Parental Alienation by the Government
“… we have a massive problem in the family justice system that holds back the speed of reform … the final version [of the Family Justice Review] that worked its way into statute was the result of debate and adjustment and compromise in parliament … I can well understand the disappointment of some who felt Parliament should have gone further.” The Rt. Hon Sir James Munby, President of the Family Division
In Britain, we are no strangers to politicians breaking their promises, and with regard to family law reform this has certainly happened.
The benefits system presents considerable incentives for Parental Alienation. A fundamental problem is that the Government will only pay Child Benefit to one parent, even if both parents have equal contact with the child. Following separation, the parent in receipt of Child Benefit is automatically designated the ‘primary carer’, and the other, the ‘non-resident parent’. Other bodies, such as the Child Support Agency (CSA), Department for Work and Pensions (DWP), local councils, police, schools, and doctors, deem the ‘primary carer’ to be ‘in charge’, regardless of legal parental responsibility, shared residence, or actual levels of care provided, imbuing that parent with considerable destructive power. Receipt of Child Benefit also leads to further financial incentives such as Child Tax Credit, Child Support and Maintenance Payments. Figures show that 98% of Child Benefit recipients are women.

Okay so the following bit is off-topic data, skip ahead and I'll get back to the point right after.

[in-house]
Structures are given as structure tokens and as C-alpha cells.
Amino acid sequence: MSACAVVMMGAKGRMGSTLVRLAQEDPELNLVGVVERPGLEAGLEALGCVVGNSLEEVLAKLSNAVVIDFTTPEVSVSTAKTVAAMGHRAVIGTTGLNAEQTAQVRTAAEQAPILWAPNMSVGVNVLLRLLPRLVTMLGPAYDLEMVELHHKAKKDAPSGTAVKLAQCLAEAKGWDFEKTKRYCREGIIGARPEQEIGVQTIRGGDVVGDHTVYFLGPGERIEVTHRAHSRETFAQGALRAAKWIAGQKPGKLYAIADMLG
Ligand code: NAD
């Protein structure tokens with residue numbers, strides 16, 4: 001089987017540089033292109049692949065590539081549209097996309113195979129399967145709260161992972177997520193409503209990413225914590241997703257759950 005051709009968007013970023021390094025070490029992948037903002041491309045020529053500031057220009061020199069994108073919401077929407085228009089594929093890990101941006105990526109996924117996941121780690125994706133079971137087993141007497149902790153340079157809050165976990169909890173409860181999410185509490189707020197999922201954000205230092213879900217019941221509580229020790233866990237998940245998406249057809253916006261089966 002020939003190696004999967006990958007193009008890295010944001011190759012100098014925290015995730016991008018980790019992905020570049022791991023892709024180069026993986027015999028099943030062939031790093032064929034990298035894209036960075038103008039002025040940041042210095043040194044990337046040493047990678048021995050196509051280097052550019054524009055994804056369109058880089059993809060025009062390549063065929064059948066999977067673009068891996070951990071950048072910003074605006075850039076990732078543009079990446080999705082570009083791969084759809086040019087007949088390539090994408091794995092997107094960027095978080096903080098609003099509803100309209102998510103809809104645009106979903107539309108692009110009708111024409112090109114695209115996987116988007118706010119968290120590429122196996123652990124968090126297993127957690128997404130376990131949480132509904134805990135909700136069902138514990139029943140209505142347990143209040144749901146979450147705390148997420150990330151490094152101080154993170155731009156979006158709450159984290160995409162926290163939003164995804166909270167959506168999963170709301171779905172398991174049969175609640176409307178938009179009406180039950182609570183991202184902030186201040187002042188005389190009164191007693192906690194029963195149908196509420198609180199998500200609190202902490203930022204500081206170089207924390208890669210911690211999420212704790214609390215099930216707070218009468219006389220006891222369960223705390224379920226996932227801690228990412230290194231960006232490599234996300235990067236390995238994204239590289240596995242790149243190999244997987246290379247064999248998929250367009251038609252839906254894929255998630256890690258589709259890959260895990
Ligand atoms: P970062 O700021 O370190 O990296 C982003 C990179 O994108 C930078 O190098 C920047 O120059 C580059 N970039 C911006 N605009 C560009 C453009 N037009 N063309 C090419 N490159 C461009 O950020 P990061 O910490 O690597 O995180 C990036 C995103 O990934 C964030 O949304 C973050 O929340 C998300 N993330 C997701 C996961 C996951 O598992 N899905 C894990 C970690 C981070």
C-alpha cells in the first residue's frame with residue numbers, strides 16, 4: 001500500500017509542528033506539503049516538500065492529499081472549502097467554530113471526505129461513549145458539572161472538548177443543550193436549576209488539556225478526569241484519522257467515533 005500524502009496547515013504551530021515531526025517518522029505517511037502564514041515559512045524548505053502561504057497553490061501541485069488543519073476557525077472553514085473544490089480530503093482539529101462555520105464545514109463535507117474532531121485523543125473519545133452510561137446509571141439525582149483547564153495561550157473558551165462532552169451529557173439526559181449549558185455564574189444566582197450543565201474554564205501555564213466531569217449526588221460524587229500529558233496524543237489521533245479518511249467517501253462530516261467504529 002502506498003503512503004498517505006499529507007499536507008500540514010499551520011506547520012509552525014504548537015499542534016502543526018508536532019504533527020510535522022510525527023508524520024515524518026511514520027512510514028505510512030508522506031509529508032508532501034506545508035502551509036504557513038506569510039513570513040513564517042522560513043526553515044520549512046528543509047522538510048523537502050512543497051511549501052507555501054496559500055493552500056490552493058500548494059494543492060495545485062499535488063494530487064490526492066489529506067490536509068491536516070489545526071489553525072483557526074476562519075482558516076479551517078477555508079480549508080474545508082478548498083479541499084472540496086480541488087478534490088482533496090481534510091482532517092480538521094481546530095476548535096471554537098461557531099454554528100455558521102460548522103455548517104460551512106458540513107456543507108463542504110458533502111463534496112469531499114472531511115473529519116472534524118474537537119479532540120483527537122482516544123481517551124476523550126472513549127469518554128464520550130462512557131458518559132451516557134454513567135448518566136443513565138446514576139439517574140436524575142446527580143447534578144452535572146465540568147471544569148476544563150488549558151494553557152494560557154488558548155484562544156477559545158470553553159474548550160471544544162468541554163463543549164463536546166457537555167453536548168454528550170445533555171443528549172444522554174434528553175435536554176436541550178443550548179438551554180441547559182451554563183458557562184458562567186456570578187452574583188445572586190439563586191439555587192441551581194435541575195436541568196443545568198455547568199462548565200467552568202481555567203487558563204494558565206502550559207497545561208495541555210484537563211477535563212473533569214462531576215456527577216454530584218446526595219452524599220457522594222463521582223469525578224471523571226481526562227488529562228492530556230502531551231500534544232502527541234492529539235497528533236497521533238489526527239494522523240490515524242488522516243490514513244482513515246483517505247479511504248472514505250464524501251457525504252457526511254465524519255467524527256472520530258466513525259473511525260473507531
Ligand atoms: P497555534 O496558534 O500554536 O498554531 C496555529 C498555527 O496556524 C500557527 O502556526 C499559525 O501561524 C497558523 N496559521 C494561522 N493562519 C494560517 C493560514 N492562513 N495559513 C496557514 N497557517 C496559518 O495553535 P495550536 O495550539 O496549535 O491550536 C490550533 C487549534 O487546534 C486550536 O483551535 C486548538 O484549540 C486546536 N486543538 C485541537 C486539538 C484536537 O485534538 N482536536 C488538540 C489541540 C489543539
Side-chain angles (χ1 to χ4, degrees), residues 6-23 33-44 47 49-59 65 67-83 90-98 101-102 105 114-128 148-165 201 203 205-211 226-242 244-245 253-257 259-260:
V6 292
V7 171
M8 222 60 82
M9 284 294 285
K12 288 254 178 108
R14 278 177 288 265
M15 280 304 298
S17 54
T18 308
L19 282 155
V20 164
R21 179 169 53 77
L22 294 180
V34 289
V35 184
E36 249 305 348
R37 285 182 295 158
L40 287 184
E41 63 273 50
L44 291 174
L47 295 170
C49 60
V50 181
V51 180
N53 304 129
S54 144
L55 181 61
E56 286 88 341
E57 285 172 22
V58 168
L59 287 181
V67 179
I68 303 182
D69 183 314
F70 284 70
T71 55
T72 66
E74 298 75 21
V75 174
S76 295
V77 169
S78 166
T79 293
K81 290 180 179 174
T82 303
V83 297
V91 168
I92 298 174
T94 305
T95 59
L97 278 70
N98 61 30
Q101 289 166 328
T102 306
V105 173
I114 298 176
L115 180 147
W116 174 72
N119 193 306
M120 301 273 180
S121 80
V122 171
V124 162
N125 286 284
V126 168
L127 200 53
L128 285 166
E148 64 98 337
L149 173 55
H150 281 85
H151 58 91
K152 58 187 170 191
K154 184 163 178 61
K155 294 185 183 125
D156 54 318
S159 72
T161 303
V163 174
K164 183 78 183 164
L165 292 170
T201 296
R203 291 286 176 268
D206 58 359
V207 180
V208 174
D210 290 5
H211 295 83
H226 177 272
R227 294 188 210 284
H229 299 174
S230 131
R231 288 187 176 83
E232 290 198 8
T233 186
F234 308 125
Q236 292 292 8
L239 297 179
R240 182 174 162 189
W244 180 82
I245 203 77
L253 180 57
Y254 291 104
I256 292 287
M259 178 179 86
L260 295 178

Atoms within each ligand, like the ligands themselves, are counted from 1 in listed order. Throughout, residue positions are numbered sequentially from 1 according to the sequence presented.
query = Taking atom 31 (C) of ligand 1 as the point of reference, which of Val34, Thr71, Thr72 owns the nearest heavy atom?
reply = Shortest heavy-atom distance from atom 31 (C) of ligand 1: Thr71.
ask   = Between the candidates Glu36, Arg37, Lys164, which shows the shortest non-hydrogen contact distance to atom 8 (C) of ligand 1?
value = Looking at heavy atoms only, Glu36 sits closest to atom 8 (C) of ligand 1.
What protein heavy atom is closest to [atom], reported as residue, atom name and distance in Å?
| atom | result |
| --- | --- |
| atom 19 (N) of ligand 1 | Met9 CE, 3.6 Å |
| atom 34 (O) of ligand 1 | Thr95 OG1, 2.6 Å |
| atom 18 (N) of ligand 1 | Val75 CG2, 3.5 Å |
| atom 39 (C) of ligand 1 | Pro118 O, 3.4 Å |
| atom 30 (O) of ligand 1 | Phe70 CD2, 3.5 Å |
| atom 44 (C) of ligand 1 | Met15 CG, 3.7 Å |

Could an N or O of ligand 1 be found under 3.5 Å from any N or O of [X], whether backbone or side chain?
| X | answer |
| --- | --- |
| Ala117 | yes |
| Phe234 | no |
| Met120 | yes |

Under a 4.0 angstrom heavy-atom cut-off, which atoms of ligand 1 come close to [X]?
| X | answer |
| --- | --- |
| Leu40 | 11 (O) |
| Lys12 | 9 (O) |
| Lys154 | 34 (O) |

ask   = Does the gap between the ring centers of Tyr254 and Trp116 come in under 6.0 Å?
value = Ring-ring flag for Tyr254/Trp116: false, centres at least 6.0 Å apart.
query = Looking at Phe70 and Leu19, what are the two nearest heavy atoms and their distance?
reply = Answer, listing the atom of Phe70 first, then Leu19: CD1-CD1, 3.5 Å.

With the ‘primary carer’ established and governmentally subsidised, professional representation in court is paramount for the ‘non-resident parent’ who is likely to be under considerable financial pressure and in need of legal aid. In 2014, President of the Family Division, Sir James Munby, recognised, ‘… legal aid is simply not available unless there is an allegation of domestic violence … we are increasingly seeing cases where the woman … who alleges domestic violence has legal aid and her partner does not … There is a very real problem … Of course legal aid is a matter of political decision … the absence of representation means the proceedings are not fair and because they are not fair are potentially prejudicial to the interests of the child.’ High Court judge, Sir Ian Duncan Burnett, ruled that part of the government’s legal aid reform in England and Wales was, in fact, unlawful.
In theory, our MPs are in Government to represent us. However, some MPs can be unwilling to spend their time on matters that they know will be blocked at a higher level. Others simply refuse to get involved in matters that they categorise as family disputes or that they believe will do nothing to further their careers. Criticism has even been levelled at some, mainly female, MPs that decisions not to progress changes have been for purely personal reasons.